Fun Go Facts

    Keywords: Culture & History

This page is intended to provide tidbits of information to help entice the slightly curious, or casual peruser, to look a little further. If you have a fun Go fact, please add it.

You may also enjoy Great Quotes.


  • Go is the oldest game in the world still played in its original form. Some estimates are as high as 4000 years, but certainly 2500-3000.[1]
  • Go is the second most played game in the world, behind Xiangqi (Chinese Chess).
  • Go is called Igo in Japan, Baduk in Korea, and Wei-qi in China.
  • Top go players can earn nearly one million US dollars a year. 2004 tops was Cho U, 9p from Japan who won $1.04 million US.[2]
  • Go is simple enough for a 4 year old to learn, but too complex for computers to beat expert players.[3]
  • It is believed there are more possible game variations than atoms in the visible universe.[4]
  • Just like the Golf channel in the US; Japan, China, and Korea all have cable TV channels devoted entirely to Go.
  • Go players take their game seriously. You can purchase what is basically a 42cm x 45cm x 18cm (17"x17"x7") square block of wood for $127,000 US.[5]
  • The world's largest Go game is played in Oita, Japan on a 40 x 40 meter large field. One round stone is 1,8 meters wide and its weight is about 1 kilogram.[10]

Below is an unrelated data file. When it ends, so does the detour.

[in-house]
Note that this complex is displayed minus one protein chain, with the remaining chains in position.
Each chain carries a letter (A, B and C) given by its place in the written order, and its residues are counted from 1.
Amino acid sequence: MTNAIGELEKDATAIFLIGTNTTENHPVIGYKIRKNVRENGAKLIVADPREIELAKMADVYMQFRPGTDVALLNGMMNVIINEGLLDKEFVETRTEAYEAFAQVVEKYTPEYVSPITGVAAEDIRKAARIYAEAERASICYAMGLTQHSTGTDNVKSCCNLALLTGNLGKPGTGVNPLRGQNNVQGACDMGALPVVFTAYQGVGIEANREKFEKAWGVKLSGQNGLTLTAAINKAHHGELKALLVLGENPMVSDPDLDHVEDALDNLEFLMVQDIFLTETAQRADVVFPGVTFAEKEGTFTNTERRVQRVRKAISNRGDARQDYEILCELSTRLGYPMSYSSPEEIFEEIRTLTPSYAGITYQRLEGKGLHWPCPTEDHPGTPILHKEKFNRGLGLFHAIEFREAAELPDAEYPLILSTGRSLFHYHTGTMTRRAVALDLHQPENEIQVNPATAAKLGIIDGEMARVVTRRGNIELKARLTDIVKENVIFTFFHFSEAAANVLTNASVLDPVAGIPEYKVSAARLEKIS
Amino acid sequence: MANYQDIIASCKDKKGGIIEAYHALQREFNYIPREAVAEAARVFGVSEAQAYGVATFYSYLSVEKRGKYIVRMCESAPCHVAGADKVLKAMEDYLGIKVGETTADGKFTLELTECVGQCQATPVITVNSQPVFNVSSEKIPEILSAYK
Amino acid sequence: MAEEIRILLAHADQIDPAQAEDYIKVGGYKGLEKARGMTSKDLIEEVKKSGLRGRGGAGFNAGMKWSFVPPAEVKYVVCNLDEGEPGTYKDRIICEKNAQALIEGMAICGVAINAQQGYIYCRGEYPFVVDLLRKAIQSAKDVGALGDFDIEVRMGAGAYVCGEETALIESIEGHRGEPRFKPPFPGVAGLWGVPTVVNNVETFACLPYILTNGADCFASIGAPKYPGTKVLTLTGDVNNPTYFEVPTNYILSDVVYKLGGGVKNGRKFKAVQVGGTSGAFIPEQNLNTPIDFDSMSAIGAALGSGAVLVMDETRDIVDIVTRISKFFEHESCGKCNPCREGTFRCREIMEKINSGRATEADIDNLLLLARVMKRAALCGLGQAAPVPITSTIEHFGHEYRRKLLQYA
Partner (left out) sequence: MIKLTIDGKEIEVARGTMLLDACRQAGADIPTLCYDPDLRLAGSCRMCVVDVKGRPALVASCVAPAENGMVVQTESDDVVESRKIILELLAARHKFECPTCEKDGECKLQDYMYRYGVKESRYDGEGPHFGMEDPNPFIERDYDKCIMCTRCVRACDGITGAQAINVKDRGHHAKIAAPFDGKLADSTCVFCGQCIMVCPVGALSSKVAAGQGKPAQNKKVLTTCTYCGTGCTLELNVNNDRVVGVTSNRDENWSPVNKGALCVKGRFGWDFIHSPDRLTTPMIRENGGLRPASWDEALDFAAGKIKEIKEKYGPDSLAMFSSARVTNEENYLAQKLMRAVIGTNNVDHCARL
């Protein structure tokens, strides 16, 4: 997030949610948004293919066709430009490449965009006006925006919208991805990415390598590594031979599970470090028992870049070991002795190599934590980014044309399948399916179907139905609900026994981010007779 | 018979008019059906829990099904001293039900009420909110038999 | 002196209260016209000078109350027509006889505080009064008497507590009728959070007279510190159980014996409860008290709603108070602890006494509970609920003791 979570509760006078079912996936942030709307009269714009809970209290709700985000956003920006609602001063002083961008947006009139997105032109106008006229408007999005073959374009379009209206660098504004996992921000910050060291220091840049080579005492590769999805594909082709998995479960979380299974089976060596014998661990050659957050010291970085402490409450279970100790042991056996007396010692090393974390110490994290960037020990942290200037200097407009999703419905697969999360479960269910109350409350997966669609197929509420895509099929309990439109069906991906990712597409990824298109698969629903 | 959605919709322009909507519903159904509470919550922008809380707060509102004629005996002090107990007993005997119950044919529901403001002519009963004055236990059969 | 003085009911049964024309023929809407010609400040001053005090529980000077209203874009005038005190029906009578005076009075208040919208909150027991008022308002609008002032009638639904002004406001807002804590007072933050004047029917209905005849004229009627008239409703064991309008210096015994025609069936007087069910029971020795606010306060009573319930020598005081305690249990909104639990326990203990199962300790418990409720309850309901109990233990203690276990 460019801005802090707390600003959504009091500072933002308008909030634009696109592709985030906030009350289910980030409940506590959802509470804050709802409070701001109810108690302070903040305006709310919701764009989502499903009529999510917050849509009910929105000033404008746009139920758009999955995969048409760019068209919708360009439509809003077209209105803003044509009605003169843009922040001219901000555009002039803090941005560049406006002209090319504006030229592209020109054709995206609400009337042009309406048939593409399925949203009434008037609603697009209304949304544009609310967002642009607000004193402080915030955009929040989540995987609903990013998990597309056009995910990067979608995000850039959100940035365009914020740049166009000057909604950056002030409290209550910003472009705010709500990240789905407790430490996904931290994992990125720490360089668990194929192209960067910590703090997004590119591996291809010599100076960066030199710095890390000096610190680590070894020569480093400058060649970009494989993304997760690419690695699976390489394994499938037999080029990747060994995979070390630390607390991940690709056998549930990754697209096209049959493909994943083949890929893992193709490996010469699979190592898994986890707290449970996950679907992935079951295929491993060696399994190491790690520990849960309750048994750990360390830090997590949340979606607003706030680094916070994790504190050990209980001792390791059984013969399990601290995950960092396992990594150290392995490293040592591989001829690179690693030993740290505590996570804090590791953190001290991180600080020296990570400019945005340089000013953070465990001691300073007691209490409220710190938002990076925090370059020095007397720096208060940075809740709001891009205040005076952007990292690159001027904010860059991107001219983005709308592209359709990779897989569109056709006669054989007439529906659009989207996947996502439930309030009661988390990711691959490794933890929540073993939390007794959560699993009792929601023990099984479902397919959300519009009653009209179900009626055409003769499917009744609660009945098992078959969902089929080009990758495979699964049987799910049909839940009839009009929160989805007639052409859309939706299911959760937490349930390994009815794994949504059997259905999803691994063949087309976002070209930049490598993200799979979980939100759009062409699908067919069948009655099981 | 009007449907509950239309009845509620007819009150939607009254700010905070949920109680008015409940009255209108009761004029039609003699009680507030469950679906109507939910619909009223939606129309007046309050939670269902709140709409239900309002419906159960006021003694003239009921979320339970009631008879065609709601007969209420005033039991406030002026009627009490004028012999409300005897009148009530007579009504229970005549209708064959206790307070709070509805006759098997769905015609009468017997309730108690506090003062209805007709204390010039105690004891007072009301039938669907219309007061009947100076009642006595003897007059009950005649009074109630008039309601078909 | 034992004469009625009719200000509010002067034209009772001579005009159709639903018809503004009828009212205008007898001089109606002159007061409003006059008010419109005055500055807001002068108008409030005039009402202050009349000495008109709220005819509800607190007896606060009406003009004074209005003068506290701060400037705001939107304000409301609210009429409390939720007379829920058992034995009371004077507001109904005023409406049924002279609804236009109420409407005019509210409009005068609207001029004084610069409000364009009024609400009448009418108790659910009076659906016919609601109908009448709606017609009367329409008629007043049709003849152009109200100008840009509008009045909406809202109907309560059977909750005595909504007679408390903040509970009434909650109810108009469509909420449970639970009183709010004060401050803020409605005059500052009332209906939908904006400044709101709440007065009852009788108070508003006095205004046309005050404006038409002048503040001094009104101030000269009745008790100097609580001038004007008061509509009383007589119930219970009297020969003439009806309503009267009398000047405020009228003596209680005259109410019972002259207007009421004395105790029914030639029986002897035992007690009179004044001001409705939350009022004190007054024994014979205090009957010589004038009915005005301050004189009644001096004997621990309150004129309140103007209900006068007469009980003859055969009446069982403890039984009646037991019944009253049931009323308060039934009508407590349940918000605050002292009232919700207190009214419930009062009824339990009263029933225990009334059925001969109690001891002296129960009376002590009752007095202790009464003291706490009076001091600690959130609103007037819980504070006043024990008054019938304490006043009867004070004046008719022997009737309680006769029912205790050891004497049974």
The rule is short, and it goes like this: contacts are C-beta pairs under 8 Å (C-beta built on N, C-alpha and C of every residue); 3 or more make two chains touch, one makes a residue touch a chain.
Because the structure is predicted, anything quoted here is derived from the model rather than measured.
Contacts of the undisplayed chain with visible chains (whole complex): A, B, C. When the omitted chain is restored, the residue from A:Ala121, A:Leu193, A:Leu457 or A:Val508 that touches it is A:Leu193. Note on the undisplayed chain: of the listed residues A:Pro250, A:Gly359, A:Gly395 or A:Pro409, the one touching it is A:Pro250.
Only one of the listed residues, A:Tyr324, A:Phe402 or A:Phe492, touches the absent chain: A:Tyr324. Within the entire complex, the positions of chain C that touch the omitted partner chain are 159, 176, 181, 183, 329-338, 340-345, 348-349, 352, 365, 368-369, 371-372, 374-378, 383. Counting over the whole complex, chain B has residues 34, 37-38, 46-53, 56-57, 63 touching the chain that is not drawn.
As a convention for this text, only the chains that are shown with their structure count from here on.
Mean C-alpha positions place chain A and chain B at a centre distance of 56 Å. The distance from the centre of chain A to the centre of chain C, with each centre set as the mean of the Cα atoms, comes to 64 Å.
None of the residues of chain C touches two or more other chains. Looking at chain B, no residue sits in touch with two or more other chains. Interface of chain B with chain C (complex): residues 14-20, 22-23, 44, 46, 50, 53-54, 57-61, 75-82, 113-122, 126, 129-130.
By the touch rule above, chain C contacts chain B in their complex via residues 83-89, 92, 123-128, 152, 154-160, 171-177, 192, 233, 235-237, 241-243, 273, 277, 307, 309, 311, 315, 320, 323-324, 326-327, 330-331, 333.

• Go is considered one of the premiere challenges for programmers of artificial intelligence
  • It is telling of the immortality and constant veneration that Go has had for millennia that the two greatest players ever are often considered Huang Longshi (1651? 1691?) of China, or Honinbo Dosaku (1645 1702) of Japan.[6]
  • There is a historical story that in the 17th century, the rule of Tibet was once decided over three games of Go.[7]
  • Go is strongly believed to stop or reverse common senile dementia in the elderly. Additional information is coming that it may reduce the incidence of Alzheimer's.[8]
  • Go has an immense impact on the mental development of children, particularly in the area of reasoning.[9]

[1] Discussion of the age of go and other games has been moved to the Fun Go Facts/ Discussion.

[2] As referenced by the AGA E-Journal, 1/17/05, citing a Go Game World article. See Fun Go Facts/ Discussion for a full list.

[3] Discussion of young children learning go has been moved to the Fun Go Facts/ Discussion.

[4] See the discussion about this at Fun Go Facts/ Discussion. There is a better discussion at Number of Possible Outcomes of a Game.

[5] [ext] Korye Myengban

[6] I realize greatest ever is subjective and open to debate. The point is to perk the interest of someone looking into Go for the first time, and illustrate how long and seriously Go has been studied.

[7] From John Fairbain's Go on the Roof of the World, published in Go World 59, Winter 1989. Condensed version at [ext] Mindzine

[8] Please see Milton Bradley's website for further information at [ext] Milt's Go Page scroll towards the bottom. Also see [ext] Brain Workout Study for Board Games

[9] I cannot stress enough the benefits of Go in developing a child's mind. If you are a parent or deal with the young, I strongly recommend [ext] Milt's Go Page. Teaching your child Go will have a lifetime impact, please take the time to read Milt's site.

[10] See [ext] http://www.coara.or.jp/~mieko/990605igo/990605igo.htm


Fun Go Facts last edited by 128.2.100.170 on July 23, 2013 - 03:44
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